7. Paulozzi LJ, Mack KA, Hockenberry JM. Vital signs: variation among states in prescribing of opioid pain relievers and benzodiazepines—United States, 2012. MMWR Morb Mortal Wkly Rep 2014;63:563–8. PubMed
  8. Centers for Medicare & Medicaid Services. CMCS informational bulletin: best practices for addressing prescription opioid overdoses, misuse, and addiction. Baltimore, MD: US Department of Health and Human Services, Centers for Medicare & Medicaid Services; 2016. https://www.medicaid.gov/federal-policy-guidance/downloads/cib-02-02-16.pdf
  9. Dowell D, Haegerich TM, Chou R. CDC guideline for prescribing opioids for chronic pain—United States, 2016. MMWR Recomm Rep 2016;65(No. RR-1) CrossRef PubMed
  10. Von Korff M, Dublin S, Walker RL, et al. The impact of opioid risk reduction initiatives on high-dose opioid prescribing for patients on chronic opioid therapy. J Pain 2016;17:101–10. CrossRef PubMed

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Return to your place in the textFIGURE 1. Rates* of methadone-involved overdose deaths, methadone distribution, and methadone diversion reports — United States, 2002–2014

* The rates shown are for the number of methadone-involved overdose deaths per 100,000 population, number of methadone diversion reports per 100,000 population, and number of grams of methadone distributed per 100 population.

The transfer of legally manufactured methadone into illegal markets.

§ Each joinpoint represents a statistically significant change in trend, p<0.05.

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Return to your place in the textFIGURE 2. Rates* of methadone-involved overdose deaths, methadone distribution, and methadone diversion reports, by U.S. Census region — United States, 2002–2014

* The rates shown are for the number of methadone-involved overdose deaths per 100,000 population, number of methadone diversion reports per 100,000 population, and number of grams of methadone distributed per 100 population.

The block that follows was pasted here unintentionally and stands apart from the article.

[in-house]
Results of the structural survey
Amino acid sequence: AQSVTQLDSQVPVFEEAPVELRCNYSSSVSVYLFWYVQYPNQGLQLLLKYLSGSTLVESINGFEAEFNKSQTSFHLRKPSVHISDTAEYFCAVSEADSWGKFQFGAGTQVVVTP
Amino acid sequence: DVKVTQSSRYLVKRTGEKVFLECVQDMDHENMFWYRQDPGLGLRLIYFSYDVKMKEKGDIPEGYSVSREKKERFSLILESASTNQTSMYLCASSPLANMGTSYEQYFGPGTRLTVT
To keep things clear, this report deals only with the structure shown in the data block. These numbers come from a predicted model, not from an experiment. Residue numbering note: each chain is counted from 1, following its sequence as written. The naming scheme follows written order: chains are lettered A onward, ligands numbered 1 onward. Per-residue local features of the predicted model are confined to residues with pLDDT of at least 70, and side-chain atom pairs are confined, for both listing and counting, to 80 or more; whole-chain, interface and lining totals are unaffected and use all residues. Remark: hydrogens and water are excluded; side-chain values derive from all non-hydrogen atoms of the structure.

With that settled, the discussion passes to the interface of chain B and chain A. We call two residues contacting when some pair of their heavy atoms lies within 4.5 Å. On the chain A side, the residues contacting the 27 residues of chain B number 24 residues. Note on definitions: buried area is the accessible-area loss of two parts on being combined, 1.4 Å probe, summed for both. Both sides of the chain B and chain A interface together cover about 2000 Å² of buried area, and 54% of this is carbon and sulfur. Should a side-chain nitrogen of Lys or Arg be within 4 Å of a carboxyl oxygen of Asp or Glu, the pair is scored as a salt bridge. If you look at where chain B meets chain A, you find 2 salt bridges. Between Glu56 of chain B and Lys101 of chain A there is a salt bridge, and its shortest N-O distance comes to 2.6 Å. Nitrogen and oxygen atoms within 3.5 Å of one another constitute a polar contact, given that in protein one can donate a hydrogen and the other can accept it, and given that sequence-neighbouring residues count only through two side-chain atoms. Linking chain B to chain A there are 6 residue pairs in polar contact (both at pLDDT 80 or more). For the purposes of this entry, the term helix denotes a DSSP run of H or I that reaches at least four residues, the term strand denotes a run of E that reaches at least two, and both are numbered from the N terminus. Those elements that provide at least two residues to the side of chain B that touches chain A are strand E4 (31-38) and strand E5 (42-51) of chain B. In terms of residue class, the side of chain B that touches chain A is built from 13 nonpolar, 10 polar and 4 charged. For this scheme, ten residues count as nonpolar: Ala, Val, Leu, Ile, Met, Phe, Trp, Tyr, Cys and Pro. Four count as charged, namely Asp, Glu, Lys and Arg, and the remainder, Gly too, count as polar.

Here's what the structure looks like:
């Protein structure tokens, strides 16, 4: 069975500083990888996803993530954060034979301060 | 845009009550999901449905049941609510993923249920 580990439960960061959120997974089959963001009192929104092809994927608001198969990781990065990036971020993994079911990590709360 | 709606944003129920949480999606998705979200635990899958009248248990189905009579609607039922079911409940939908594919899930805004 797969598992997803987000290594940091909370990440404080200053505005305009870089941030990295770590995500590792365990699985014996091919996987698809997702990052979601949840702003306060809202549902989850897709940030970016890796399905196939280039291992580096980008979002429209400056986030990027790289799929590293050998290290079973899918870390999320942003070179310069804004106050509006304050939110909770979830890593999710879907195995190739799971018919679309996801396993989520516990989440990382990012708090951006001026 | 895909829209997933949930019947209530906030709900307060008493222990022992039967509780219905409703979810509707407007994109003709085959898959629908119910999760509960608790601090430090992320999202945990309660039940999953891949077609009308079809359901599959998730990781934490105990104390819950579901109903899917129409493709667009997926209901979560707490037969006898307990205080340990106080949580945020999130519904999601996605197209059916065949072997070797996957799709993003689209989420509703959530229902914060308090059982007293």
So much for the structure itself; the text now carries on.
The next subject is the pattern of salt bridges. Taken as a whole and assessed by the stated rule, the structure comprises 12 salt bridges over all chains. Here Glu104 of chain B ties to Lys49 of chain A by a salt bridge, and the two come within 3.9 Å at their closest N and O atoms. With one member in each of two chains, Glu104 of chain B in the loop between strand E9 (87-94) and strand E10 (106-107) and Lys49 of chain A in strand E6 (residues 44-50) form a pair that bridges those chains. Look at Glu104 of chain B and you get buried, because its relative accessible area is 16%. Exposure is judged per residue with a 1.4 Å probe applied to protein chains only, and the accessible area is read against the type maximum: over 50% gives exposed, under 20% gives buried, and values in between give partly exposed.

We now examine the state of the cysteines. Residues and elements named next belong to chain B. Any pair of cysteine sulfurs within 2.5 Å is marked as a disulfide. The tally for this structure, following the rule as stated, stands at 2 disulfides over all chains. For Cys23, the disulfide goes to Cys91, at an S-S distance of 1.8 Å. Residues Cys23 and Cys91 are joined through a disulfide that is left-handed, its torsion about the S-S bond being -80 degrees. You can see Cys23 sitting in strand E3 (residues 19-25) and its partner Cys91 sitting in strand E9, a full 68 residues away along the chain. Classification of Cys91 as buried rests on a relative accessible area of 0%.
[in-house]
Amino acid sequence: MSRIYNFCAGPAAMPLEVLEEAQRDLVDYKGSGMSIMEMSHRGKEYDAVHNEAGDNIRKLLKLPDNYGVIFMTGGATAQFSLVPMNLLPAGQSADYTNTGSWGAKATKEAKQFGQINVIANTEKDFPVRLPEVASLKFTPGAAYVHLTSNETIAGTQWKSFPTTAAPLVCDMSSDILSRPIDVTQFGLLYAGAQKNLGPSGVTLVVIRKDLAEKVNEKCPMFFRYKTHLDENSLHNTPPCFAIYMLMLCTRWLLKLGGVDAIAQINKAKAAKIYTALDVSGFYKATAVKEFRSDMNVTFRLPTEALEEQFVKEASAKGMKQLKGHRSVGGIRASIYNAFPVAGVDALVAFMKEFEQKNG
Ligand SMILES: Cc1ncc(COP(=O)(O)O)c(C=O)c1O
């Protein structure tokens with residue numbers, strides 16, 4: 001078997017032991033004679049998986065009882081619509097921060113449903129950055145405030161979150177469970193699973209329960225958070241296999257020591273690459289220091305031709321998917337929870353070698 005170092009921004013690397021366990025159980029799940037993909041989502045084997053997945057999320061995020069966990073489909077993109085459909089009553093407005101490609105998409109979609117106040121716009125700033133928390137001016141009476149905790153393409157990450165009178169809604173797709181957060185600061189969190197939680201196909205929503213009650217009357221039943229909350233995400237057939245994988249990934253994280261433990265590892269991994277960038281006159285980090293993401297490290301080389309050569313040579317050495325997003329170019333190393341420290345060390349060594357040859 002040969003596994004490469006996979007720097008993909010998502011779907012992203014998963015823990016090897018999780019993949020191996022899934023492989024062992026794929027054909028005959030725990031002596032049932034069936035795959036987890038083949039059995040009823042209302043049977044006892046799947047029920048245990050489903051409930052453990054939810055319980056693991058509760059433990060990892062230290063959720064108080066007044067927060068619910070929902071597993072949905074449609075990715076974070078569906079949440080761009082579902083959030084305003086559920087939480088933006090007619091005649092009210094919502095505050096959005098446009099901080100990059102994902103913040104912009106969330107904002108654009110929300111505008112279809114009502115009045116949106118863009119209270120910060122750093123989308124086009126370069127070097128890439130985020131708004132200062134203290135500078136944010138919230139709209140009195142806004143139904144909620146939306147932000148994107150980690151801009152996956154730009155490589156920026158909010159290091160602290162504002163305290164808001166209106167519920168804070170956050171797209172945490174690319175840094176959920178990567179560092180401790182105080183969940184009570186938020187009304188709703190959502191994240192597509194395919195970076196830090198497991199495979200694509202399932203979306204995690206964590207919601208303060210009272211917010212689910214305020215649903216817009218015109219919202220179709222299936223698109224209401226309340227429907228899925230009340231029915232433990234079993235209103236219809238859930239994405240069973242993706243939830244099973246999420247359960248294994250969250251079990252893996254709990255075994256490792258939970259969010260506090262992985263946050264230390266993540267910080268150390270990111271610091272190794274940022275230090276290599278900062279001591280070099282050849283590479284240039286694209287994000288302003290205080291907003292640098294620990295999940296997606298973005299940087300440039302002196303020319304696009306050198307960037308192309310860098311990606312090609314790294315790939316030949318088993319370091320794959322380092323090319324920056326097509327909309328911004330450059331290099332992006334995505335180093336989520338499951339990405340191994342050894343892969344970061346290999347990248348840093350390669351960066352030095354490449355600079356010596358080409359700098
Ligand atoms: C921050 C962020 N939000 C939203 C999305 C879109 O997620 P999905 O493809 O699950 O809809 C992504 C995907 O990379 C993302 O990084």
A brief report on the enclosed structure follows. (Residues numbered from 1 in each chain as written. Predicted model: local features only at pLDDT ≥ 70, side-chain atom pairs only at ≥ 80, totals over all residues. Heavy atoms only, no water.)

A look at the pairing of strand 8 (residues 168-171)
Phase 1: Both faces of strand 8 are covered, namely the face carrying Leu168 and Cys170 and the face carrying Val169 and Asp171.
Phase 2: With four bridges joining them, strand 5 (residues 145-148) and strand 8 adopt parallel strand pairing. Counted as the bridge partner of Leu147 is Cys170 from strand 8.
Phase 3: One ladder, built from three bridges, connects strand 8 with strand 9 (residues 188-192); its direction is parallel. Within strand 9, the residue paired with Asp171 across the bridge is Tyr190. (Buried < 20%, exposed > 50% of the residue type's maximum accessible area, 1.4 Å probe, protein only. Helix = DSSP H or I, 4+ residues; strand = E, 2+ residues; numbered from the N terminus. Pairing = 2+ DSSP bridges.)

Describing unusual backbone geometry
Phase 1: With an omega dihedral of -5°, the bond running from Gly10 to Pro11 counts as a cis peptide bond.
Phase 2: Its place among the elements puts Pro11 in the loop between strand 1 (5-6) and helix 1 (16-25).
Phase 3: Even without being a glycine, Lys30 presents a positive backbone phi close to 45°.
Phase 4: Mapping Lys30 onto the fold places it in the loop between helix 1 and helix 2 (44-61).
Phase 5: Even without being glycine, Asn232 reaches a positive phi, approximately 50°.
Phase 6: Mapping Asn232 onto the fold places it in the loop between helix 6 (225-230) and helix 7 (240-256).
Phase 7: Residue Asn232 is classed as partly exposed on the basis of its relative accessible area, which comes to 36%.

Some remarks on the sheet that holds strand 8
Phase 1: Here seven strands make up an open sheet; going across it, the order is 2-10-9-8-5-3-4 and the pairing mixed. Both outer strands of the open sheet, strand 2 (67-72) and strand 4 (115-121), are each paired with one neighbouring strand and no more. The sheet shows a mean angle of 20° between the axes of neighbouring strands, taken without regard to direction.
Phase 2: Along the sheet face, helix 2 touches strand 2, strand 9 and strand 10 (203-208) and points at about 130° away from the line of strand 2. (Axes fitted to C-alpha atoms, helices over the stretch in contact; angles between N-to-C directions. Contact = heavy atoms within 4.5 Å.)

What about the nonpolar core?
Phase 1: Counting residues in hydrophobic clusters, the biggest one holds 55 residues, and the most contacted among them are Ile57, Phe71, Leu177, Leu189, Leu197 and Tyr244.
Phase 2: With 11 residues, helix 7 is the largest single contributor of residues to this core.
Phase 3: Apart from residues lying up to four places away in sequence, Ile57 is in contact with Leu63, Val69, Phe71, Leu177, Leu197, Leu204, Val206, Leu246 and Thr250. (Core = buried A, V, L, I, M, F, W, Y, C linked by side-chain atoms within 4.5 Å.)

The transfer of legally manufactured methadone into illegal markets.

§ Each joinpoint represents a statistically significant change in trend, p<0.05.

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Return to your place in the textTABLE. Number and rate* of methadone overdose deaths, by selected characteristics — United States, 2002–2014
Characteristic2002200320042005200620072008200920102011201220132014Year of joinpoint
No. (rate)No. (rate)No. (rate)No. (rate)No. (rate)No. (rate)No. (rate)No. (rate)No. (rate)No. (rate)No. (rate)No. (rate)No. (rate)
Overall2,358 (0.82)2,972 (1.03)3,845 (1.31)4,460 (1.50)5,406 (1.80)5,518 (1.83)4,924 (1.60)4,696 (1.53)4,577 (1.47)4,418 (1.43)3,932 (1.24)3,591 (1.14)3,400 (1.06)2006
Sex
Female832 (0.57)1,040 (0.71)1,343 (0.91)1,548 (1.03)1,789 (1.17)1,921 (1.26)1,723 (1.10)1,662 (1.06)1,646 (1.05)1,675 (1.05)1,480 (0.93)1,457 (0.91)1,391 (0.87)2006
Male1,526 (1.05)1,932 (1.32)2,502 (1.71)2,912 (1.97)3,617 (2.42)3,597 (2.40)3,201 (2.12)3,034 (1.99)2,931 (1.91)2,743 (1.77)2,452 (1.57)2,134 (1.35)2,009 (1.27)2006, 2011
Age group (yrs)
15–24298 (0.73)442 (1.07)597 (1.42)603 (1.42)811 (1.89)861 (2.00)699 (1.61)624 (1.43)564 (1.29)477 (1.09)341 (0.78)274 (0.62)241 (0.55)2007
25–34461 (1.17)540 (1.38)814 (2.07)979 (2.49)1,238 (3.14)1,305 (3.29)1,145 (2.85)1,096 (2.69)1,150 (2.80)1,094 (2.62)989 (2.34)855 (2.00)796 (1.83)2006, 2011
35–44794 (1.78)965 (2.19)1,142 (2.61)1,217 (2.80)1,394 (3.22)1,305 (3.05)1,102 (2.61)1,036 (2.50)982 (2.39)1,005 (2.47)906 (2.24)842 (2.08)768 (1.90)2006
45–54662 (1.66)841 (2.06)1,024 (2.46)1,290 (3.04)1,521 (3.51)1,525 (3.47)1,472 (3.31)1,332 (2.97)1,245 (2.77)1,194 (2.67)1,017 (2.30)898 (2.05)854 (1.97)2006
55–64101 (0.38)151 (0.54)209 (0.71)300 (0.98)351 (1.10)450 (1.36)413 (1.21)523 (1.48)558 (1.53)564 (1.48)590 (1.53)594 (1.51)629 (1.57)2007
≥6526
(0.07)
36
(1.10)
50
(0.14)
63
(0.17)
45
(0.12)
59 (0.15)69
(0.17)
51
(0.13)
70 (0.17)75 (0.17)114 (0.26)98
(0.21)
NA
Race/Ethnicity
White, non–Hispanic2,058 (1.05)2,623 (1.33)3,377 (1.73)3,895 (2.00)4,745 (2.45)4,840 (2.46)4,301 (2.20)4,062 (2.08)3,943 (1.98)3,769 (1.93)3,332 (1.70)3,012 (1.54)2,845 (1.43)2006
Black, non-Hispanic141 (0.42)149 (0.43)216 (0.60)257 (0.70)315 (0.87)312 (0.81)245 (0.63)266 (0.68)254 (0.62)278 (0.68)239 (0.58)239 (0.59)256 (0.63)2006
Other, non-Hispanic33
(0.21)
39
(0.23)
59
(0.34)
74
(0.42)
81
(0.46)
82
(0.43)
90
(0.45)
97
(0.49)
88
(0.43)
91
(0.44)
86
(0.40)
71
(0.33)
50
(0.24)
2005, 2011
Hispanic109 (0.32)151 (0.43)175 (0.46)215 (0.55)246 (0.62)269 (0.61)268 (0.60)243 (0.52)274 (0.56)250 (0.51)241 (0.47)248 (0.50)228 (0.46)2006

Abbreviation: NA = not applicable.
* Rates (deaths per 100,000 population) are presented as age-adjusted rates, with the exception of rates by age group.
Each joinpoint represents a statistically significant change in trend, p<0.05.

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Suggested citation for this article: Jones CM, Baldwin GT, Manocchio T, White JO, Mack KA. Trends in Methadone Distribution for Pain Treatment, Methadone Diversion, and Overdose Deaths — United States, 2002–2014. MMWR Morb Mortal Wkly Rep 2016;65:667–671. DOI: http://dx.doi.org/10.15585/mmwr.mm6526a2.